Arkansas is a state rich in natural resources and kind, creative people.  However, we are also one of the most impoverished states in the union.  Even in the wealthiest corners of our state, there exists an academic achievement gap between poor children and their middle class counterparts.  Members of the Arkansas Commission on Closing the Academic Achievement Gap are working to find and enact system change to address this problem. The philosophy of the Commission is to “ensure that all children have an opportunity for an education that will focus on equity as a means to achieve a closure in scores between and among diverse learning communities of students.”  The Common Core State Standards provide a structure which supports students from poverty and helps to close the academic achievement gap.  

Students who are raised in poverty are not disabled, but come to school with distinct disadvantages. Ruby Payne’s research on poverty states that kindergarten children come to school with one half of the listening and speaking vocabulary that other classmates possess and that children in poverty have a huge deficit in the area of background knowledge.  Robert Marzano’s work states that what works in schools for struggling students and students from poverty is direct instruction in vocabulary and providing background knowledge.  The Common Core English Language Arts standards promote both rich vocabulary instruction and paired fiction with related nonfiction texts.   This pairing of texts provide background knowledge to the reader where no prior knowledge exists.  All students can discuss the text and provide evidence for their arguments from “right-there” texts.  

The research of Marzano and Payne also suggest that instructional strategies such as cooperative learning structures, thematic, integrated approaches, and work with peers also support learners from poverty.  The Common Core ELA standards have these structures built in to the text.  One of the fifth grade Common Core standards directs students to “engage effectively in a range of collaborative discussions (one-on-one, in groups, and teacher-led) with diverse partners on grade 5 topics and texts, building on others' ideas and expressing their own clearly.”  My students now love to engage in collaborative discussions over text.  Recently, my students read The Trial by Jen Bryant about the 1930’s kidnapping and murder trial of Bruno Richard Hauptmann.  After we read Bryant’s historical fiction book, the students read actual court documents from the trial.  In the past, I would have a hard time getting my students to read such dry nonfiction court documents, but because they are paired with strong fiction, both texts are much more interesting.  My students were intensely searching both texts for evidence to support their stance on Hauptmann’s guilt or innocence, and they used their evidence to participate in a rich class discussion and debate.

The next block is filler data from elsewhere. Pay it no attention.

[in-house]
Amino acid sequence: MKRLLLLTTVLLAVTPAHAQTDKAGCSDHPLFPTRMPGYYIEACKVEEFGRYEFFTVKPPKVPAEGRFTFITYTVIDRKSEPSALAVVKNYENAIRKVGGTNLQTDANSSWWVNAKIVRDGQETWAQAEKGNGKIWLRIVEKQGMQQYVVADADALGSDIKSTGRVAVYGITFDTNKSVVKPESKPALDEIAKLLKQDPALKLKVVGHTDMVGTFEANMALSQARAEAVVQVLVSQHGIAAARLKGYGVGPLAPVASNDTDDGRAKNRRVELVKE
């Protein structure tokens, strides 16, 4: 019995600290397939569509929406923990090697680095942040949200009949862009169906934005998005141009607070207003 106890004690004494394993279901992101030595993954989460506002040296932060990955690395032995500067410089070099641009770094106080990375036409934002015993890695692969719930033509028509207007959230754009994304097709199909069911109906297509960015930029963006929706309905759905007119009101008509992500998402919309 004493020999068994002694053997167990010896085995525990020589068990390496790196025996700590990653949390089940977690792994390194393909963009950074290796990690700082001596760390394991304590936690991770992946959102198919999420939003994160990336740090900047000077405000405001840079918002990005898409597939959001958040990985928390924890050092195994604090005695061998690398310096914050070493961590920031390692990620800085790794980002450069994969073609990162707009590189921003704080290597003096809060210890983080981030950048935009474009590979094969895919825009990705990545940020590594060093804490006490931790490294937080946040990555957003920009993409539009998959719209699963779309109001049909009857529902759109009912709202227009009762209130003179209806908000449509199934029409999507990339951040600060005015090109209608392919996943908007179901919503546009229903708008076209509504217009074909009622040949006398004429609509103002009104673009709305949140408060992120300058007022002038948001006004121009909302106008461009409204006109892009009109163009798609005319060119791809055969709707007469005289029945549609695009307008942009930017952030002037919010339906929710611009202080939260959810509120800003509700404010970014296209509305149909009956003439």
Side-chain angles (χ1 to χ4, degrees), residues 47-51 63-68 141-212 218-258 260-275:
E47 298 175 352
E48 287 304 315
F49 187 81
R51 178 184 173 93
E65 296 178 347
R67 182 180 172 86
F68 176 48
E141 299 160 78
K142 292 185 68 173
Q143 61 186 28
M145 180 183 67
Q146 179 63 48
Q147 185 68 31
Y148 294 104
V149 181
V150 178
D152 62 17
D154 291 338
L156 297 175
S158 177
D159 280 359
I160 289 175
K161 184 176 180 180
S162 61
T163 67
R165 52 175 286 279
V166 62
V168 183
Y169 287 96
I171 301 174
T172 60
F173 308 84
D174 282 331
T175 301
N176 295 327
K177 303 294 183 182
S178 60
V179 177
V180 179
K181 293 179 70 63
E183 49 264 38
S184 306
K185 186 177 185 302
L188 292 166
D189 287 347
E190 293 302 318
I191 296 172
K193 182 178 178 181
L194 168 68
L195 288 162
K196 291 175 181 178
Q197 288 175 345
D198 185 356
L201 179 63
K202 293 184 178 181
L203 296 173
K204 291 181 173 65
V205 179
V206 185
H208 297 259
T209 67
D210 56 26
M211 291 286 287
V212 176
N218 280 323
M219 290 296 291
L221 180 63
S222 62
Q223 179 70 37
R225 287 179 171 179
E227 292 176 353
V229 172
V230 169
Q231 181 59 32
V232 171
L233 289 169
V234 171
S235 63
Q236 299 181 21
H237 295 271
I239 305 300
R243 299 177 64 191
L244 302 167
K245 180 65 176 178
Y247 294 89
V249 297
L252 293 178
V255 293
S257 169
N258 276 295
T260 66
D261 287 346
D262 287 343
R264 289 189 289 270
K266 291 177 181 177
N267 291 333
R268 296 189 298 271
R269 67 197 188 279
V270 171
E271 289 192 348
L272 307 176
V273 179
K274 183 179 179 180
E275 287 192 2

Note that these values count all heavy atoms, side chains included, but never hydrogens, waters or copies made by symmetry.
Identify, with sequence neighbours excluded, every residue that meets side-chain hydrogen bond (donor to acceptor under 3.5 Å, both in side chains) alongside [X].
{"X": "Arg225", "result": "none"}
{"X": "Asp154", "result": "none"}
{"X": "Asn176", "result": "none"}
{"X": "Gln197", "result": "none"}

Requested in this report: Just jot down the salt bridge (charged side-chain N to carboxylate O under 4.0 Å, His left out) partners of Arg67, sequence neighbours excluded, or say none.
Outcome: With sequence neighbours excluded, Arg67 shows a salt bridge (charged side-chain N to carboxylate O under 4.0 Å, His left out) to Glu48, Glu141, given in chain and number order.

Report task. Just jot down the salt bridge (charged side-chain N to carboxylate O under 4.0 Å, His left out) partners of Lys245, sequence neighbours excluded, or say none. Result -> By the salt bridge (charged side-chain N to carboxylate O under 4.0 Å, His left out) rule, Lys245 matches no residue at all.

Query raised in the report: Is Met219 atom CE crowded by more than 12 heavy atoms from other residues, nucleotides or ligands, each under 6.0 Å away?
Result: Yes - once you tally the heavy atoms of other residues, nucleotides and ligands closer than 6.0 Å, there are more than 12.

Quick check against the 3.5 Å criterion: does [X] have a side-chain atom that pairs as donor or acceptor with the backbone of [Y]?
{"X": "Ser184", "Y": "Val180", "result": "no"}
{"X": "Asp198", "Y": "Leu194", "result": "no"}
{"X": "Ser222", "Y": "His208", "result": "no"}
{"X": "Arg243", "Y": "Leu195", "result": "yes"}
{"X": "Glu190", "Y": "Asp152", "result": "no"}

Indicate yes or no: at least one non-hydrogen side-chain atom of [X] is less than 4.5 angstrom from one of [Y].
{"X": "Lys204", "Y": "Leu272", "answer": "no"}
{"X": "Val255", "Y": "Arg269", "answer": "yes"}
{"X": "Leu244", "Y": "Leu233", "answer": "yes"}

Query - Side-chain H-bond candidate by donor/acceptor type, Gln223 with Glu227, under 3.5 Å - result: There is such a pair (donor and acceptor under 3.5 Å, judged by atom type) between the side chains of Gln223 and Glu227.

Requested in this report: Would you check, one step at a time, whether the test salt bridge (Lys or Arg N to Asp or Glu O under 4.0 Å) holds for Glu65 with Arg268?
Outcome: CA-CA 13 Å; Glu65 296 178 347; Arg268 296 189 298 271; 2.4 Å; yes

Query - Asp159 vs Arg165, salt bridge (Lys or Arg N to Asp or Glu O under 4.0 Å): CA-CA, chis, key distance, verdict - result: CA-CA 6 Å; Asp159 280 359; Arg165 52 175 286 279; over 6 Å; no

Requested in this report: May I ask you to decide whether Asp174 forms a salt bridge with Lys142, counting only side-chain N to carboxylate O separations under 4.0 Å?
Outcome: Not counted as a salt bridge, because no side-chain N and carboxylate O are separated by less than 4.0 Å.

The new standards are rigorous; much like what AP students have always received.  Having taught both AP and regular education classes, I have always known that my regular students - especially those students from poverty-  would benefit from the more stimulating instruction the AP curriculum provided. The new standards are more challenging for all students, but at the same time provide a structure to support my students from poverty.  The Common Core Standards better prepare all students not just for readiness, but for success in a career or college.


Common Core Shifts for English Language Arts/Literacy from

Common Core Standards

Marzano, Robert J. What Works in Schools : Translating Research into Action. Alexandria: Association for Supervision & Curriculum Development, 2003. Print.

Payne, Ruby K. "A Framework for Understanding Poverty." Aha! Process, Inc., 2005. Web. 25 Mar. 2014.